Lies of P: Rise and Fall
A train compartment that looks as if a soccer team has once again been knocked over the ropes. A voice in my head encouraging me to move on. And a lot of questions, which I put on the back burner for the time being: Lies of P starts without big explanations, spectacular intro sequences or other frippery, but throws me directly into the action.
It fits perfectly that the game hands me one of three possible weapons at the end of the train, throws me out of the car and onto the asphalt of the station and says: “Come to the Hotel Krat, please, but be careful, a bunch of Mr. dolls are waiting for you on the way there. As is typical for the genre, gameplay is very important here. If the pure fun at the shredding isn’t enough, and you need further motivation, you can look forward to more story substance later on.
After I’ve turned the first boss into scrap metal, Lies of P gives me a bit more context for the streets overrun by bloodthirsty robots: In the course of industrialization and the introduction of dolls as housemaids, policemen or opera singers, the once peaceful fishing village of Krat developed into a pulsating metropolis in no time.
But the capitalist vision of fame and fortune turns into a real nightmare when the mechanical puppets go berserk for some unknown reason and attack their human makers. Although a second barrel is opened with a nasty petrifaction and a number of illustrious characters are introduced, the story stays pleasantly in the background.
Apart from the boss fights, there are hardly any cutscenes and even the occasional dialogues are much more pointed than, for example, the endless babble from the genre competitor Steelrising.
At first glance, of course, all this has little to do with the story of Pinocchio and indeed Lies of P is only very loosely based on the fable by Carlo Collodi. Nevertheless, the Italian author is thanked with a dedication and his many characters such as Pinocchio, Geppetto, Gemini, the black cat and the red fox are brought to life in the new interpretation.
Apart from that, especially the title-giving lies of the wooden doll play a role: Again and again I am confronted with decisions where I have to decide between lie and truth – even if the real consequences of this are hard to guess.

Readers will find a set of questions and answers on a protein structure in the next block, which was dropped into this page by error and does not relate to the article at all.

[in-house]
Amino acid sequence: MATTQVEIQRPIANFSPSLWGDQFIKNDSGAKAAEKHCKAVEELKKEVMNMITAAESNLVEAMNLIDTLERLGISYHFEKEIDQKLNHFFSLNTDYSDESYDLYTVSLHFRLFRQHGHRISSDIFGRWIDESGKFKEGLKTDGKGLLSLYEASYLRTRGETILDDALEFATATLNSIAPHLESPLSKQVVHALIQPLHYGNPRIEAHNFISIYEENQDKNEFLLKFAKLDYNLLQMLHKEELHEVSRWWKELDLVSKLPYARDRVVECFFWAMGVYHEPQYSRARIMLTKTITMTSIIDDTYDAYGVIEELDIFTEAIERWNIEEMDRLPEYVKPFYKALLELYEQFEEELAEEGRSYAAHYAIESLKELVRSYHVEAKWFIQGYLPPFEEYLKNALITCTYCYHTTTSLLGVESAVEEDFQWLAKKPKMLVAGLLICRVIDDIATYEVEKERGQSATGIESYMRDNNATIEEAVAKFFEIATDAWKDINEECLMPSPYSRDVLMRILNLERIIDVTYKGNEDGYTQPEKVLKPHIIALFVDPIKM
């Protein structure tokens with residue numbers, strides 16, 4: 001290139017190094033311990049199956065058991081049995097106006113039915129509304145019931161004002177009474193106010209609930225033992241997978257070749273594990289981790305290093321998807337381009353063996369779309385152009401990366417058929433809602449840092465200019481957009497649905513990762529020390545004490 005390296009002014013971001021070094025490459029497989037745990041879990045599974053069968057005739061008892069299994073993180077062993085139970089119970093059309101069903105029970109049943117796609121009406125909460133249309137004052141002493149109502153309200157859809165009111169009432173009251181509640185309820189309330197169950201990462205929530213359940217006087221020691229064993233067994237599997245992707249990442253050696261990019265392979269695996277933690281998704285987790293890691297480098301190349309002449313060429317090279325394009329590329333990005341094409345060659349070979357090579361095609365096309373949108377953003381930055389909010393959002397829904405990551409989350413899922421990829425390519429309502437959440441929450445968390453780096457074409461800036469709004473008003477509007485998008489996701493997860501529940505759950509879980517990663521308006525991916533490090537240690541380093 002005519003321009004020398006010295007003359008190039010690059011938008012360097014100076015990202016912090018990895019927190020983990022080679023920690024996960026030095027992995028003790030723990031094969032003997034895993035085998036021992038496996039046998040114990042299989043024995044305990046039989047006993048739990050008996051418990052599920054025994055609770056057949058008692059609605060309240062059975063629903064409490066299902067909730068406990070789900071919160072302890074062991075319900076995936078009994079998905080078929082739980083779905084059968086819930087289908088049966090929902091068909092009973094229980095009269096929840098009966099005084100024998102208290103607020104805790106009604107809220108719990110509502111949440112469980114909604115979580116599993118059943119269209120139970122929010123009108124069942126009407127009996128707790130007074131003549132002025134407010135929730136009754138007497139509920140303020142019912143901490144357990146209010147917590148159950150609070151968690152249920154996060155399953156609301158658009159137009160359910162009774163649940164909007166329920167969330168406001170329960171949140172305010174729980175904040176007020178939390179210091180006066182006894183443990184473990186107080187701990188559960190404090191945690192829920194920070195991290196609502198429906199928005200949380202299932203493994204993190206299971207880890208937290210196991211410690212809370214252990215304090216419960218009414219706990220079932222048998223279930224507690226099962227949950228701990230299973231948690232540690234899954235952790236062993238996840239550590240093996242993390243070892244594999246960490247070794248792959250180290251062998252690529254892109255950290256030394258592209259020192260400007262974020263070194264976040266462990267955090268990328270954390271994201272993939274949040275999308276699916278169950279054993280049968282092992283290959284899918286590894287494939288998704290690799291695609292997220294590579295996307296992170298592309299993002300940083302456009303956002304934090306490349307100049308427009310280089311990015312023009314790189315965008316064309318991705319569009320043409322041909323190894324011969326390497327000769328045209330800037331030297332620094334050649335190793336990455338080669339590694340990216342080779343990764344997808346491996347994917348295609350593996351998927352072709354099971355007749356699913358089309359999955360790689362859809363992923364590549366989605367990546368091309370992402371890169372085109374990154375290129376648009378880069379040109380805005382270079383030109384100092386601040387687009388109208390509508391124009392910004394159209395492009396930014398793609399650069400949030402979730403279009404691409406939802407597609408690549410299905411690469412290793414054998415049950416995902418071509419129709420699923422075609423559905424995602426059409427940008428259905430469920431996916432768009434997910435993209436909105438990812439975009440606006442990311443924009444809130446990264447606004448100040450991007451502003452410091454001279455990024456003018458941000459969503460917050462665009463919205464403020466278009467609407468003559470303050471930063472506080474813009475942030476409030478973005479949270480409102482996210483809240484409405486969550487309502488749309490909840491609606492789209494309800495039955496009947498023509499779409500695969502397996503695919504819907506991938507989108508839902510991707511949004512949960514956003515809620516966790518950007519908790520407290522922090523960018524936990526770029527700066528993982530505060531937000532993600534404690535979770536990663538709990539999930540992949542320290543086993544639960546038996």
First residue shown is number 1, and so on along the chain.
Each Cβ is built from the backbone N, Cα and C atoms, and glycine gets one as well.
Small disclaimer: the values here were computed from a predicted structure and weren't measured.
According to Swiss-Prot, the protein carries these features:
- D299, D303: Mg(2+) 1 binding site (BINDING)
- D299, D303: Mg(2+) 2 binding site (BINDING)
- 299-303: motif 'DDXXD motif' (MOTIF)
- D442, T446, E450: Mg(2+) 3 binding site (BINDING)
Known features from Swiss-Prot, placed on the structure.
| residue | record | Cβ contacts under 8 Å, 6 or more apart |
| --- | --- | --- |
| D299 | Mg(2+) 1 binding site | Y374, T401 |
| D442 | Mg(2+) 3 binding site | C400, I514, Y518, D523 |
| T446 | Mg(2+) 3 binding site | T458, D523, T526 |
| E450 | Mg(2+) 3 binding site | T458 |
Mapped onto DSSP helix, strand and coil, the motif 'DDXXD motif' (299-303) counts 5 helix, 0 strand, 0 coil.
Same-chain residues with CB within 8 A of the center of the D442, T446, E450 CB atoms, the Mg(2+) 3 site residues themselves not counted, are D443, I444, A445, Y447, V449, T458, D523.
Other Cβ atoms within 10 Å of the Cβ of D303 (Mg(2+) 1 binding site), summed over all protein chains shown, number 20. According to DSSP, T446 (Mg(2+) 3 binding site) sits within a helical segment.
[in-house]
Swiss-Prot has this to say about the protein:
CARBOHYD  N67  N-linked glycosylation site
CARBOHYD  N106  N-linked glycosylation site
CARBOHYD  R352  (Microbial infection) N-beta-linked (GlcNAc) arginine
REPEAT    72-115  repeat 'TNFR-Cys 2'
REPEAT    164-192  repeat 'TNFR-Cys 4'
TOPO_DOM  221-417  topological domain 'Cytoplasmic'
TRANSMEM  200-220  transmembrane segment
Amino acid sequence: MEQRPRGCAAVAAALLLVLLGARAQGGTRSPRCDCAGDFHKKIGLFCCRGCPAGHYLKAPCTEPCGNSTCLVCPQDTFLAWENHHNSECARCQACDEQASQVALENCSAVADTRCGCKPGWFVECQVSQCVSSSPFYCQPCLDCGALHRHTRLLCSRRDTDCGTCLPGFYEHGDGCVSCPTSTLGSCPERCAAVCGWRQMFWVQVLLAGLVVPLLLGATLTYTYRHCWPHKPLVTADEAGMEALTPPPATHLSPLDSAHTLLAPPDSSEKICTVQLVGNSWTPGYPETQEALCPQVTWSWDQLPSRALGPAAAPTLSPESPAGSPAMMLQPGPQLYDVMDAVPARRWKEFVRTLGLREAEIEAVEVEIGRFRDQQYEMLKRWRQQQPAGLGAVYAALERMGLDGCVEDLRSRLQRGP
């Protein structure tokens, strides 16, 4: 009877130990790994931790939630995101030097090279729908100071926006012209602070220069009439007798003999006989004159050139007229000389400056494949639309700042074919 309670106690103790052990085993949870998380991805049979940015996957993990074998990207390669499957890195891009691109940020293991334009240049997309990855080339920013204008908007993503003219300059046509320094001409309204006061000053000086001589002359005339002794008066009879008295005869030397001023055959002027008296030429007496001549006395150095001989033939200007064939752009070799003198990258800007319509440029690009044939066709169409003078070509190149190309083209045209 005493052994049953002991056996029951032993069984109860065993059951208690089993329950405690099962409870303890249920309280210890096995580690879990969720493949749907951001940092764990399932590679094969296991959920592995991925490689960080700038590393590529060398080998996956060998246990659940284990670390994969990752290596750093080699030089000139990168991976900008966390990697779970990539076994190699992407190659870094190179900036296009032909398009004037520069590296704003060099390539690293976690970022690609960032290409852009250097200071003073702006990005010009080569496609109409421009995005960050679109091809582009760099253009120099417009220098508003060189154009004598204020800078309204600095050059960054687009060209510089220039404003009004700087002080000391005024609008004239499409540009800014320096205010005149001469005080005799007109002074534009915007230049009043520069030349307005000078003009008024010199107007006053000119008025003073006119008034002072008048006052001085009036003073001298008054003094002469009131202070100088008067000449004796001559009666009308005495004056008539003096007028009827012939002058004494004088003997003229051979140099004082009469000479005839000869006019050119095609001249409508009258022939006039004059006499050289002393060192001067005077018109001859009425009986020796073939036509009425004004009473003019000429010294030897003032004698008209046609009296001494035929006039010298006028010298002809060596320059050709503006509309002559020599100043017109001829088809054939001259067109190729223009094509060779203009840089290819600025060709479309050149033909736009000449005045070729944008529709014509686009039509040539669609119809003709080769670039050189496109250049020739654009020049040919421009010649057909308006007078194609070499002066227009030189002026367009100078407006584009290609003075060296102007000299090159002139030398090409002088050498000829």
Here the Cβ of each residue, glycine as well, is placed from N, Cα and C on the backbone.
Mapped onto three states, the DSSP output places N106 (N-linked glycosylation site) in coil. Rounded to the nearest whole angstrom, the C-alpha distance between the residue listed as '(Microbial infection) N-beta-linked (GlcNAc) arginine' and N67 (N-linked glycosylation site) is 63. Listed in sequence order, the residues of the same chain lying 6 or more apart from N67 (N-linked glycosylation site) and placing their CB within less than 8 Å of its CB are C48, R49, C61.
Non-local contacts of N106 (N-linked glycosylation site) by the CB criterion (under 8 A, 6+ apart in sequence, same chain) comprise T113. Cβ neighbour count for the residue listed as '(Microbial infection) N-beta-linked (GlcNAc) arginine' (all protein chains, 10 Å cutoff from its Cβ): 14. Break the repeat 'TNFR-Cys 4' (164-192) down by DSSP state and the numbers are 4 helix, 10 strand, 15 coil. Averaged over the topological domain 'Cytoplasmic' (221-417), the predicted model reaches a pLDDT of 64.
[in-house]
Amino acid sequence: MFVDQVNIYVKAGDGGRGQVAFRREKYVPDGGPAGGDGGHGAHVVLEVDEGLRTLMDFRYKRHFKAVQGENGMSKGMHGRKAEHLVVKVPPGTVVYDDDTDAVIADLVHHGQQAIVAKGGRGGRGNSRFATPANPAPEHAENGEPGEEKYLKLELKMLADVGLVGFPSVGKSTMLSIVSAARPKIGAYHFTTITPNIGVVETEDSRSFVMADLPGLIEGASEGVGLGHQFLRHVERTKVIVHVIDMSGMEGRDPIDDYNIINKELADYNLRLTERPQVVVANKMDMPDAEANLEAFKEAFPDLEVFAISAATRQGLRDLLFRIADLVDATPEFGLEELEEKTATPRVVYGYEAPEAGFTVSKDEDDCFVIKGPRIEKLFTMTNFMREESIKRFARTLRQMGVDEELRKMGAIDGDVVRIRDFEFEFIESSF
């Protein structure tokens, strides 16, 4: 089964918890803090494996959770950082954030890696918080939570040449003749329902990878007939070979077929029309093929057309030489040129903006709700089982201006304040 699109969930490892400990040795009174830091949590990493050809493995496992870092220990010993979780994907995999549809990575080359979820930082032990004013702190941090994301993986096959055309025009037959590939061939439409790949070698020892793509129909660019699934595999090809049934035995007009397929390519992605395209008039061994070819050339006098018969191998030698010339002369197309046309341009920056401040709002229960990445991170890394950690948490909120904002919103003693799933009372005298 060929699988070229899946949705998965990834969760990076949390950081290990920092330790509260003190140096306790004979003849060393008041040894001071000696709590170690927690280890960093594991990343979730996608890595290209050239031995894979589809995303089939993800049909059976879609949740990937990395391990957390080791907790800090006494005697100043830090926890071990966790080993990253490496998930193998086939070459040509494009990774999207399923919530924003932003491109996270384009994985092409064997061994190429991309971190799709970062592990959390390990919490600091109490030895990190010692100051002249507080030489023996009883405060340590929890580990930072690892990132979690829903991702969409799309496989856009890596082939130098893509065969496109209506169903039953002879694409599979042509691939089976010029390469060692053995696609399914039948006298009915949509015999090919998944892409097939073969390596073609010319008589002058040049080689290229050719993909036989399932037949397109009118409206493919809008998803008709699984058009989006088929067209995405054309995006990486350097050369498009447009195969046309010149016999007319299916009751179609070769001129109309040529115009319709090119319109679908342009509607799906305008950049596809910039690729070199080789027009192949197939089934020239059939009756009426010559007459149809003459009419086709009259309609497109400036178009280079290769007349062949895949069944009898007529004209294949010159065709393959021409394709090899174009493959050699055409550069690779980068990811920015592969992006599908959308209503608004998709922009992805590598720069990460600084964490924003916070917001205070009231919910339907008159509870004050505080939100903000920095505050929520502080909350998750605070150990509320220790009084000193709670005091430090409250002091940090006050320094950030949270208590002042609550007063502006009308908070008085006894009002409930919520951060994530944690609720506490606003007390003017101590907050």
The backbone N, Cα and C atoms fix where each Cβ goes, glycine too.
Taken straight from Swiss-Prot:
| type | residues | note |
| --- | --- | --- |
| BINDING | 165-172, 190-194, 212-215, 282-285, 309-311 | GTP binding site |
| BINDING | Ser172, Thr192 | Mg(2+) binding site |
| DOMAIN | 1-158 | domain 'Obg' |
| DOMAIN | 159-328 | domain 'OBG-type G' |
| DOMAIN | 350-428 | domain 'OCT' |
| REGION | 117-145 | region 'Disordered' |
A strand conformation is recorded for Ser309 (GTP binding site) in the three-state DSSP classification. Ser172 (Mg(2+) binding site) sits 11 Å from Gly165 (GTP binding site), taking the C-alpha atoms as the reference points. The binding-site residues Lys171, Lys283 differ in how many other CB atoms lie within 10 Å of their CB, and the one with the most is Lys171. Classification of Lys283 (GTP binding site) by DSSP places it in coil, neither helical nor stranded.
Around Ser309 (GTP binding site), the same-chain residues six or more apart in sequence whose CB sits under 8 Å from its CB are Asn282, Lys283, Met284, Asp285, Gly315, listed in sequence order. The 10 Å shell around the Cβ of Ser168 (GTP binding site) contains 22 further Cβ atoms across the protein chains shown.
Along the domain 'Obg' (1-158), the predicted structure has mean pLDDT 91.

While my nose doesn’t change despite possible fairy tales, that of a portrait in the aforementioned hotel gets longer and longer, and the loading bar is also dedicated to Pinocchio’s long tine. The homage to the original captivates more through details than through a regurgitation of the original story.
Carved from wood, forged from steel
So that we can quickly get to the highs and lows of the combat system, here is the formal outline of the basics: As standard, your arsenal consists of light and heavy attacks, a dodge roll and a block, whereby the latter becomes the perfect block (better known as a parry) with the right timing, and all of the mentioned maneuvers take up your stamina bar – classic Souls fare, as we know it very well from From Software’s role models and the many imitations by now.
The left arm prosthesis called Legion, which is initially only equipped for fists, but can later also be used as a flamethrower or stun gun, adds a bit of fun. Your options in combat are rounded out by the so-called Fable attacks, which can be simplified as special attacks and depend on the weapon you’re carrying.
Also not an unusual feature for Soulslikes is the weapon durability, which plays a central role in Lies of P. Don’t worry: unlike The Legend of Zelda: Breath of the Wild, your current favorite sword won’t constantly break and need to be replaced with a new one. Nevertheless, your weapons will wear out much faster than you’re used to, which is why you’ll occasionally have to reach for the whetstone in the areas and longer boss fights.
A nice mechanic that gives you another task besides attacking, dodging, blocking and healing, making the game a bit more challenging especially in heated moments. And speaking of fresh ideas: Healing Trenches, here called Pulse Cells, are classically a finite resource that replenishes at checkpoints and after you die. However, if you’ve used up all your pulse cells, you can recharge one by repeatedly hitting it, which rewards aggressive play – a smart idea!
If the first boss can still be managed without completely exhausting the combat system, the second boss at the latest should be the end of the line for those who refuse to learn.
In any case, aggressive behavior is encouraged in Lies of P in several ways: If you block attacks but don’t parry them, a portion of the damage is color-coded in your life bar. If you hit now, you’ll get a portion of it credited back, similar to Bloodborne.
This also applies to your opponents to a certain extent, although the damage you deal to them is not replenished by dealing it, but starts to regenerate itself after a certain amount of time if you haven’t worked on their life bar for too long.